One of the factors behind the growth of cosmetic dentistry is its visibility in the media, and the influence of celebrity culture. But is this a good or bad thing?
We are living in a celebrity-driven popular culture. This is often a starting-point for criticism of the culture itself, the celebrities, and their impressionable audiences.
The very term celebrity now is broad enough to encompass even the more minor reality TV participants. However, it may be the very ordinariness of these people that makes their audience and followers identify with them.
If how these modern day celebrities look influences how the rest of us think about our teeth, shouldn’t this be viewed as a positive development?
The Celebrity Smile
Decades ago, not everyone in the public eye had perfect teeth. In fact, some in the media spotlight had teeth that were conspicuously imperfect.
On example is David Bowie in the 1970s.
In his later years, however, Bowie ended up with a well-aligned, gleaming set of teeth he could display in front of the world’s media.
This reflects not only the importance of image (something Bowie was always well advanced in understanding), but also advances in cosmetic dental treatment.
The celebrities who have changed their smiles are numerous and notable, from Mike Tyson to Catherine Zeta Jones, Miley Cyrus to Cher Lloyd.
These changes eventually filter down, and they touch on the concerns and aspirations of regular people.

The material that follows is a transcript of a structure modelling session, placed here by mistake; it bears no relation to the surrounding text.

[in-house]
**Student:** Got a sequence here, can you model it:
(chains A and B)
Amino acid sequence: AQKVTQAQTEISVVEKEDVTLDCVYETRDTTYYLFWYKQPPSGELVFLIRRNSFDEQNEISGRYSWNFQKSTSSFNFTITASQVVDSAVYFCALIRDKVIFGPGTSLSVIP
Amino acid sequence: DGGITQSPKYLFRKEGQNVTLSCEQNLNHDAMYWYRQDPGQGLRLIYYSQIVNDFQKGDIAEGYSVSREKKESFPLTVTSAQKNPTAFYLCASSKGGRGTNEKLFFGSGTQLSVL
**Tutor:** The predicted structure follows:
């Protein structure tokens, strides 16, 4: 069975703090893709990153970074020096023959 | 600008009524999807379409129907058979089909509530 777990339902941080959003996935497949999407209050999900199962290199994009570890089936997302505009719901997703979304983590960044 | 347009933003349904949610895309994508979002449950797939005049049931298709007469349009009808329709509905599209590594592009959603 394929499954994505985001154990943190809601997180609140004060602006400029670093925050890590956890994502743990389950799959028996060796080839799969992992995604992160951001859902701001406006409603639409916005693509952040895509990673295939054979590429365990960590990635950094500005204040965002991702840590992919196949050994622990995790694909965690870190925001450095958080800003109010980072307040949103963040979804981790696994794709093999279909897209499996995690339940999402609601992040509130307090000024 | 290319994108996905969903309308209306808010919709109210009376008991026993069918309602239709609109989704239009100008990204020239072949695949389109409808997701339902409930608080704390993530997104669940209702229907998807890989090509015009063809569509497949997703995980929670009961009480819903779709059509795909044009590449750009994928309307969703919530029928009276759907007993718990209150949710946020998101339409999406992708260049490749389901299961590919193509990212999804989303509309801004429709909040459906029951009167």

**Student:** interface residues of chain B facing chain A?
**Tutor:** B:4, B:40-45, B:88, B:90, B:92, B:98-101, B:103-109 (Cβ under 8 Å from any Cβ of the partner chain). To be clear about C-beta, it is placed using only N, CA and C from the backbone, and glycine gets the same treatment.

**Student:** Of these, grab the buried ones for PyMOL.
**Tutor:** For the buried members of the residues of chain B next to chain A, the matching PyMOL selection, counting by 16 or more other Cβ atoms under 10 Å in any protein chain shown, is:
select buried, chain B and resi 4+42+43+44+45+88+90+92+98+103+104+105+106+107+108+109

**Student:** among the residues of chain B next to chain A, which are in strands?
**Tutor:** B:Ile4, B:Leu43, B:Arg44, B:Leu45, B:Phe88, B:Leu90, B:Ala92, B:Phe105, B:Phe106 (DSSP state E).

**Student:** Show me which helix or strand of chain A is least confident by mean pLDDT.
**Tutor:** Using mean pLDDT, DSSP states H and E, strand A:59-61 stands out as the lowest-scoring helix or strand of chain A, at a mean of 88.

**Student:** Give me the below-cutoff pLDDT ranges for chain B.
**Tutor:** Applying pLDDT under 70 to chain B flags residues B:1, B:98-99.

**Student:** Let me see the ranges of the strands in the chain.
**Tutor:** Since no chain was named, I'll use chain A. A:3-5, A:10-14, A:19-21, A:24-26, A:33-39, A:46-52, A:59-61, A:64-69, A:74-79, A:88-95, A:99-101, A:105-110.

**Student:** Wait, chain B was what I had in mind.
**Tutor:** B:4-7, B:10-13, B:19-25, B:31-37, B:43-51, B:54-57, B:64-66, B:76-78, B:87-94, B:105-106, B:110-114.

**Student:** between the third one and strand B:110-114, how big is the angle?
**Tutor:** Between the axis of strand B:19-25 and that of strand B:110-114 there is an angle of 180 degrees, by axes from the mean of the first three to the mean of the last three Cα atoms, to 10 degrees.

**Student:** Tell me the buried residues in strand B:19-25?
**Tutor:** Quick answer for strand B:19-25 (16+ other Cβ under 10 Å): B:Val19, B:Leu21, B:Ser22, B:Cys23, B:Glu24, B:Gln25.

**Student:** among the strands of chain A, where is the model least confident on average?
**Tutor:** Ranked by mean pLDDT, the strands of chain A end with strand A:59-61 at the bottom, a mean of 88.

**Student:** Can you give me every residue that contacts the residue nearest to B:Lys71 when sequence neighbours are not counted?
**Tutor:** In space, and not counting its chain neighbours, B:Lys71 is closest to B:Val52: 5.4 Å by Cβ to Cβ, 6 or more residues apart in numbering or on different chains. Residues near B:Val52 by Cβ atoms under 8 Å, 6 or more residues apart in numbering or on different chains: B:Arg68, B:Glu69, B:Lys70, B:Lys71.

There is a sense here of changing values about the appearance and the health of our teeth.
The Love Island Effect
This is where the impact of the modern, reality-tv celebrity plays an important part.
David Bowie may have seemed very, different from the rest of us, but Love Island’s Jack Fincham was a stationery salesman from Essex.
And he had a perfect smile.
What more and more patients are discovering is that this is something they too can realistically achieve.
But are there benefits to cosmetic dental treatments beyond simply improving our looks?
Cosmetic Dentistry and Quality of Life
Research published in the journal Community Dentistry and Oral Epidemiology indicates that losing teeth in old age has a clear impact on quality of life, and that the age range of 30 to 49 is the most anxious about the health of its teeth.
Health and wellbeing has a strong psychological element, and young adults are more likely to think their teeth are unhealthy because they see the high standards in the celebrity world for how teeth appear.
But this also implies that choosing cosmetic dentistry can help boost people’s self-esteem and self-confidence.
It is then a question of them having realistic expectations of outcomes, which is something modern dental technology can support.
Advanced digital imaging equipment provides dentists with valuable tools for dentists to demonstrate projected outcomes to patients, and to offer complete clarity about cosmetic dental treatments.
Ultimately, cosmetic dentistry goes deeper than appearance, because it is a reflection of overall dental health and cultural attitudes to it.
For this reason, the celebrity smile is good for promoting a positive view of dental health, and helping people see that they can choose to make their own changes, with the help and support of a dentist.
“21st century technology is enabling dentists to be more than the guardians of dental health. They can help fulfil people’s desires to look better, and feel better as a result.”
Pete Higson, RPA Dental